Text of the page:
Please use this identifier to cite or link to this item:
Title: Isolation and characterization of flower-specific transcripts in Acacia mangium
Authors: Xing, J.W.
Xiang, L.C.
Hong, Y. 
Keywords: Floral development
Flower-specific genes
Subtractive cloning
Issue Date: Feb-2005
Source: Xing, J.W., Xiang, L.C., Hong, Y. (2005-02). Isolation and characterization of flower-specific transcripts in Acacia mangium. Tree Physiology 25 (2) : 167-178. ScholarBank@NUS Repository.
Abstract: Acacia mangium Willd. is a legume tree species native to subtropical and tropical regions of Asia and Australia. Many features of its flower development are common to other legume tree species. To identify genes involved in its floral development, we constructed a subtractive flower cDNA library against vegetative tissues. The 1123 expressed sequence tags (ESTs) represented 576 unique genes. Macroarray analysis further identified 147 of these genes as specific to the early, late or whole flowering process. Eight percent of these flower-specific genes encode MADS-domain-containing transcription factors and MYB proteins. Four percent encode other transcription factors and 10% encode regulatory proteins such as G proteins, kinases and phosphatases. Flower-specific transcripts for gibberellic acid (GA) synthesis and GA-induced proteins, as well as other stress- and pathogenesis-related genes (9%), implicate their involvement in A. mangium flower development. Eighteen percent of the flower-specific genes encode hypothetical proteins and 18% encode proteins of unknown functions. The RNA blot hybridization confirmed and detailed the expression patterns of selected genes. Functions of the A. mangium flower-specific genes are discussed based on comparison with their Arabidopsis homologues, most of which have been implicated in Arabidopsis floral development. Our work suggests general conservation of floral development in A. mangium and Arabidopsis. Further characterization of the conserved and different flower-specific genes will delineate the flowering process of this important legume tree species and facilitate genetic modification of its reproduction. © 2005 Heron Publishing - Victoria, Canada.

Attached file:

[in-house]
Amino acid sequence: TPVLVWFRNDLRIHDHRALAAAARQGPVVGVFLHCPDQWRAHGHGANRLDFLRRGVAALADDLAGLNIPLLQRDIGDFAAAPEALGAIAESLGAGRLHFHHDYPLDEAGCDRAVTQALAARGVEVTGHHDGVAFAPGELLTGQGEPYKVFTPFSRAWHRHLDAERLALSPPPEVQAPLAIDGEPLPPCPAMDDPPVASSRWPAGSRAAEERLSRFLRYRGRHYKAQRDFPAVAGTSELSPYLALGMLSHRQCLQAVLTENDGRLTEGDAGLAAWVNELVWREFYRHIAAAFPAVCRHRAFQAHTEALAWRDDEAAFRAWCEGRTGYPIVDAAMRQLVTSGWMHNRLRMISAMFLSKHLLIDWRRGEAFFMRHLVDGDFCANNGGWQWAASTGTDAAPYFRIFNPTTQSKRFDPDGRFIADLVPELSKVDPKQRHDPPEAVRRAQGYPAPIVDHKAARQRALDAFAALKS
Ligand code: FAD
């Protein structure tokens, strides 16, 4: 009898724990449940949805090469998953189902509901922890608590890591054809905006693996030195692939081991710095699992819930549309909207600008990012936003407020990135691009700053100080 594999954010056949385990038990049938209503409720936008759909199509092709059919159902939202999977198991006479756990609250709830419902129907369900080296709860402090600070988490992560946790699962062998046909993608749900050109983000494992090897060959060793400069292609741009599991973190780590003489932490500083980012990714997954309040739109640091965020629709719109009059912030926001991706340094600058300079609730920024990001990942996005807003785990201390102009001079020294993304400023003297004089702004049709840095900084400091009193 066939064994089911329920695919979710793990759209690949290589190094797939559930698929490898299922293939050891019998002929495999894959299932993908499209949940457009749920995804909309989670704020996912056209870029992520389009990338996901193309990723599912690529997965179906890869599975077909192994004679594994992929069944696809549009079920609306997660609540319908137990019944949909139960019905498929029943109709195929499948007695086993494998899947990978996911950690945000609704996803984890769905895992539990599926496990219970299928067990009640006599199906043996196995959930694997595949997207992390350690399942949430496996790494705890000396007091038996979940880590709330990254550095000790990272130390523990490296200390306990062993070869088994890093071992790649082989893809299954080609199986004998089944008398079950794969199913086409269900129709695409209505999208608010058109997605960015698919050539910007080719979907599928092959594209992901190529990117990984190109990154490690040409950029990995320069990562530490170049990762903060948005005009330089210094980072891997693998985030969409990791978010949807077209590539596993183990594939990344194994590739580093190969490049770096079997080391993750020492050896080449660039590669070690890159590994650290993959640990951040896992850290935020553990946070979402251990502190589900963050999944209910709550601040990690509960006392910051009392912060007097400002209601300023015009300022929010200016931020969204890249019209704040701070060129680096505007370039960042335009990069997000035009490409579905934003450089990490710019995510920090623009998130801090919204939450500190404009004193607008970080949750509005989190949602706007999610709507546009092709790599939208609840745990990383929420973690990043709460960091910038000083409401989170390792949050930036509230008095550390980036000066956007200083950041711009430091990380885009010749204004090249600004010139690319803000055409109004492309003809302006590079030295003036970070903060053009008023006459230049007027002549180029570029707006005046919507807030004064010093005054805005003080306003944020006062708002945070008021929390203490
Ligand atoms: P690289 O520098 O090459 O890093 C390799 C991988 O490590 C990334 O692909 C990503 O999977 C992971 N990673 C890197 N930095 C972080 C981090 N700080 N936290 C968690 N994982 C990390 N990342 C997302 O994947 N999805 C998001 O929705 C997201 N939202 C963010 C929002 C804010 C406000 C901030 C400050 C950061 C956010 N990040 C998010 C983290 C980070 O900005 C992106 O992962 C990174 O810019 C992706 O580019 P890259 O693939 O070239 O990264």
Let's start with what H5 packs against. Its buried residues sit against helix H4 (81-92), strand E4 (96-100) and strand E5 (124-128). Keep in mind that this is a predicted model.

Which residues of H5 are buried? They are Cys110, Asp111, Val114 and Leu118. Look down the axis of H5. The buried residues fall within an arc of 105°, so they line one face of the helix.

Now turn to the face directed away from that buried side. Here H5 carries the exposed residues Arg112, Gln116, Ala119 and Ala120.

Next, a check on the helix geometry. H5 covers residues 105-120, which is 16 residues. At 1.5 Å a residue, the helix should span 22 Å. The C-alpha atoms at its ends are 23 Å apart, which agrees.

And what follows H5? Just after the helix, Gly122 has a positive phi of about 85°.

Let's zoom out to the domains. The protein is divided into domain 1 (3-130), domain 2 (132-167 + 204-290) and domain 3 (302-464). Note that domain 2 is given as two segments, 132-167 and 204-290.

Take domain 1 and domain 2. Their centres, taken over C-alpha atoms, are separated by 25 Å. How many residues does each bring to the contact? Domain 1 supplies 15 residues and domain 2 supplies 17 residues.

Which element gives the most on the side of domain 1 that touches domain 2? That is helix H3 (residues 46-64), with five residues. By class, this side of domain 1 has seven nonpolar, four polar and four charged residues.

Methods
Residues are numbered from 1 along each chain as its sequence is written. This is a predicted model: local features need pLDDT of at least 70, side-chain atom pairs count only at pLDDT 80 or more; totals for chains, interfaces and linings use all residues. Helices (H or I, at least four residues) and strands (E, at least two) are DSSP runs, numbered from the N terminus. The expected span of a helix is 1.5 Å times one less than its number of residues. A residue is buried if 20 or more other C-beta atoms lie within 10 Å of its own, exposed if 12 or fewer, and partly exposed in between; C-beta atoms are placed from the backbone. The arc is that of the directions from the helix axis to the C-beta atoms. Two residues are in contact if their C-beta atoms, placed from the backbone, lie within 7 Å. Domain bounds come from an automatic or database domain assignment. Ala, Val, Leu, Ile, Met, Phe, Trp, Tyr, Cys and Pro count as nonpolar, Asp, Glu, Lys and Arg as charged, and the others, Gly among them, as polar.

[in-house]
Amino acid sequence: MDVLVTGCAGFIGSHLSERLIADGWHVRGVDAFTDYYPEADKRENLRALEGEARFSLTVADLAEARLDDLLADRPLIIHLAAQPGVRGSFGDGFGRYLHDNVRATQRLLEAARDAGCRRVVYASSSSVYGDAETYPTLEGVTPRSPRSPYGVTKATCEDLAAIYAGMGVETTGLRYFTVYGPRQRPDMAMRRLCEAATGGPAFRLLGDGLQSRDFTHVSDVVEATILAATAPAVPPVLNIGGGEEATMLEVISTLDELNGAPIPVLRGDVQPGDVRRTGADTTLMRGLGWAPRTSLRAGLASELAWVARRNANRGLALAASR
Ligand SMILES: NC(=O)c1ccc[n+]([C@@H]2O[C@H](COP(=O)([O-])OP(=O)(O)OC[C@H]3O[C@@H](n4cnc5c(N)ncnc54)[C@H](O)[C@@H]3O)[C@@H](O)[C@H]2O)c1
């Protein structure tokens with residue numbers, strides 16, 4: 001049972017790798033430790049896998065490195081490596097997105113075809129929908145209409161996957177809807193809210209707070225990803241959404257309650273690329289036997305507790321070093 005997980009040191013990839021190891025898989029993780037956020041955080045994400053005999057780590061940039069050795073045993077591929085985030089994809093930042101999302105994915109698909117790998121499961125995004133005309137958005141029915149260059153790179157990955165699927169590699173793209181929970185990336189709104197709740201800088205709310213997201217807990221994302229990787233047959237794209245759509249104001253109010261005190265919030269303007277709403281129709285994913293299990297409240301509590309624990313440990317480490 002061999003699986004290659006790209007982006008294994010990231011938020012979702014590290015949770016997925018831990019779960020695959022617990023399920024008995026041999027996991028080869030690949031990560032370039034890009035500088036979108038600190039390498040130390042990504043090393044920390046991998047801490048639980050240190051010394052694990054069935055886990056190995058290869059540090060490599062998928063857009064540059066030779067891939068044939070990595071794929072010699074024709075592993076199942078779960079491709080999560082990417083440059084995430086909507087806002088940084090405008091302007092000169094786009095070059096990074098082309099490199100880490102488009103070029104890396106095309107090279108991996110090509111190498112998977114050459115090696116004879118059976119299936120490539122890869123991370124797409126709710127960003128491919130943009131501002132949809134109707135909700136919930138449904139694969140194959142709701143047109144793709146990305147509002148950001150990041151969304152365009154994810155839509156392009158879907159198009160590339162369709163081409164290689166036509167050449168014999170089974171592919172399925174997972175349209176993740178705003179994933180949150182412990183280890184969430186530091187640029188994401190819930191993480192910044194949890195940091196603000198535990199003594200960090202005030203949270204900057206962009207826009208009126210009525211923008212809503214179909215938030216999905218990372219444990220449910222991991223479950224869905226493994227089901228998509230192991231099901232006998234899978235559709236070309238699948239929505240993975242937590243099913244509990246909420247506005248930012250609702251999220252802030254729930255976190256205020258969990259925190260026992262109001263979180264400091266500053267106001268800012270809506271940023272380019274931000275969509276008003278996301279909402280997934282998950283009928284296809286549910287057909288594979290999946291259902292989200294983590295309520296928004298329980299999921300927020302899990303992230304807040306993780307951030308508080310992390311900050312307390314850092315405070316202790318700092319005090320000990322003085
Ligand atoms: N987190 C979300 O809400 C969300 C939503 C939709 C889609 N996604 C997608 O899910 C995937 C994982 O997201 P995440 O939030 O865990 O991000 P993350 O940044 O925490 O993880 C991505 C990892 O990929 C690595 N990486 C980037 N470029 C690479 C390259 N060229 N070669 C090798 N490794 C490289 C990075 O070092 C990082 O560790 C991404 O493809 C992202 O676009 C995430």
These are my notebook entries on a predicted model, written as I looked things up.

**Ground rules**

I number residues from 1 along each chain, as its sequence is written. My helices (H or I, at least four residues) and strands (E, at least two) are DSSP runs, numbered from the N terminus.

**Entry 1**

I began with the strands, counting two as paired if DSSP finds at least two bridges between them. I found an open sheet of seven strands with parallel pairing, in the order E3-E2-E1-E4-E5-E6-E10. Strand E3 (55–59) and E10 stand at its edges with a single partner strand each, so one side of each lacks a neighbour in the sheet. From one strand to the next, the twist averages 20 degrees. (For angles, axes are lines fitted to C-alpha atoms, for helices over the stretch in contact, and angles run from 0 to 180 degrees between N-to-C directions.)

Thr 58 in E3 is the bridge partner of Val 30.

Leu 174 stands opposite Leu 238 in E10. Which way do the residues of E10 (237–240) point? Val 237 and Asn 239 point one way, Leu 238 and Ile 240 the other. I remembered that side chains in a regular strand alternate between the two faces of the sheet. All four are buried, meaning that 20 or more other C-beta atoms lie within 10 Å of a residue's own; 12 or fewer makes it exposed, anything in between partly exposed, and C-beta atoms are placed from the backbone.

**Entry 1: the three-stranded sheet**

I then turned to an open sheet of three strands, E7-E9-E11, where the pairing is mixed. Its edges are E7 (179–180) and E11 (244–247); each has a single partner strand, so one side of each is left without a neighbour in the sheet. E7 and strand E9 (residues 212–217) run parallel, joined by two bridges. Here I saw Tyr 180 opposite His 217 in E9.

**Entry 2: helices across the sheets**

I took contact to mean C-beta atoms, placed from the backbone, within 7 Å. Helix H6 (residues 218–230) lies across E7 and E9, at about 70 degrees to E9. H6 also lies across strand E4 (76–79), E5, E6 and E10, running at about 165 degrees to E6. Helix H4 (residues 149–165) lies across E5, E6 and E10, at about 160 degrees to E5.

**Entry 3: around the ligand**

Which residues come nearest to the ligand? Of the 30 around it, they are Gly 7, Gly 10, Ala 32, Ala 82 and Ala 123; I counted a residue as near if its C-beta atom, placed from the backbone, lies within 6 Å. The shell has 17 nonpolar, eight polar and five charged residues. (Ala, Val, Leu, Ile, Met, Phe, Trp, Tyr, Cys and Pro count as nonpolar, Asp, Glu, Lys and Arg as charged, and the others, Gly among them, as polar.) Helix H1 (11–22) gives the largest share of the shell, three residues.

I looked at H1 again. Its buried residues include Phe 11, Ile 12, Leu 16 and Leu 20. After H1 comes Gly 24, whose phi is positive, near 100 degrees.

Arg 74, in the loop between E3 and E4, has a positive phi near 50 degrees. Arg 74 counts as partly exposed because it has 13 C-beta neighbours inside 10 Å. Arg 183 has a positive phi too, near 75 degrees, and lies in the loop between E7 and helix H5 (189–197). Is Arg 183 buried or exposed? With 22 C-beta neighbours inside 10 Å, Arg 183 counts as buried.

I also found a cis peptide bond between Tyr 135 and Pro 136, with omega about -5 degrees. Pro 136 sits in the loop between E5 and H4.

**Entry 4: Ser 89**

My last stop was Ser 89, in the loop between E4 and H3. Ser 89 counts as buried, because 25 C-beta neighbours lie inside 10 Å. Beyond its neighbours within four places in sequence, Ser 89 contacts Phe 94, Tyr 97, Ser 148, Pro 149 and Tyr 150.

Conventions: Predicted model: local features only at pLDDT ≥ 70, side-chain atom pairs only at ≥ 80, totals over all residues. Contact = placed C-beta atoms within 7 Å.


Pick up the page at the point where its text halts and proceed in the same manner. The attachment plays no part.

Source Title: Tree Physiology
ISSN: 0829318X
Appears in Collections:Staff Publications

Show full item record
Files in This Item:
There are no files associated with this item.

Page view(s)

checked on Jan 20, 2018

Google ScholarTM


Items in DSpace are protected by copyright, with all rights reserved, unless otherwise indicated.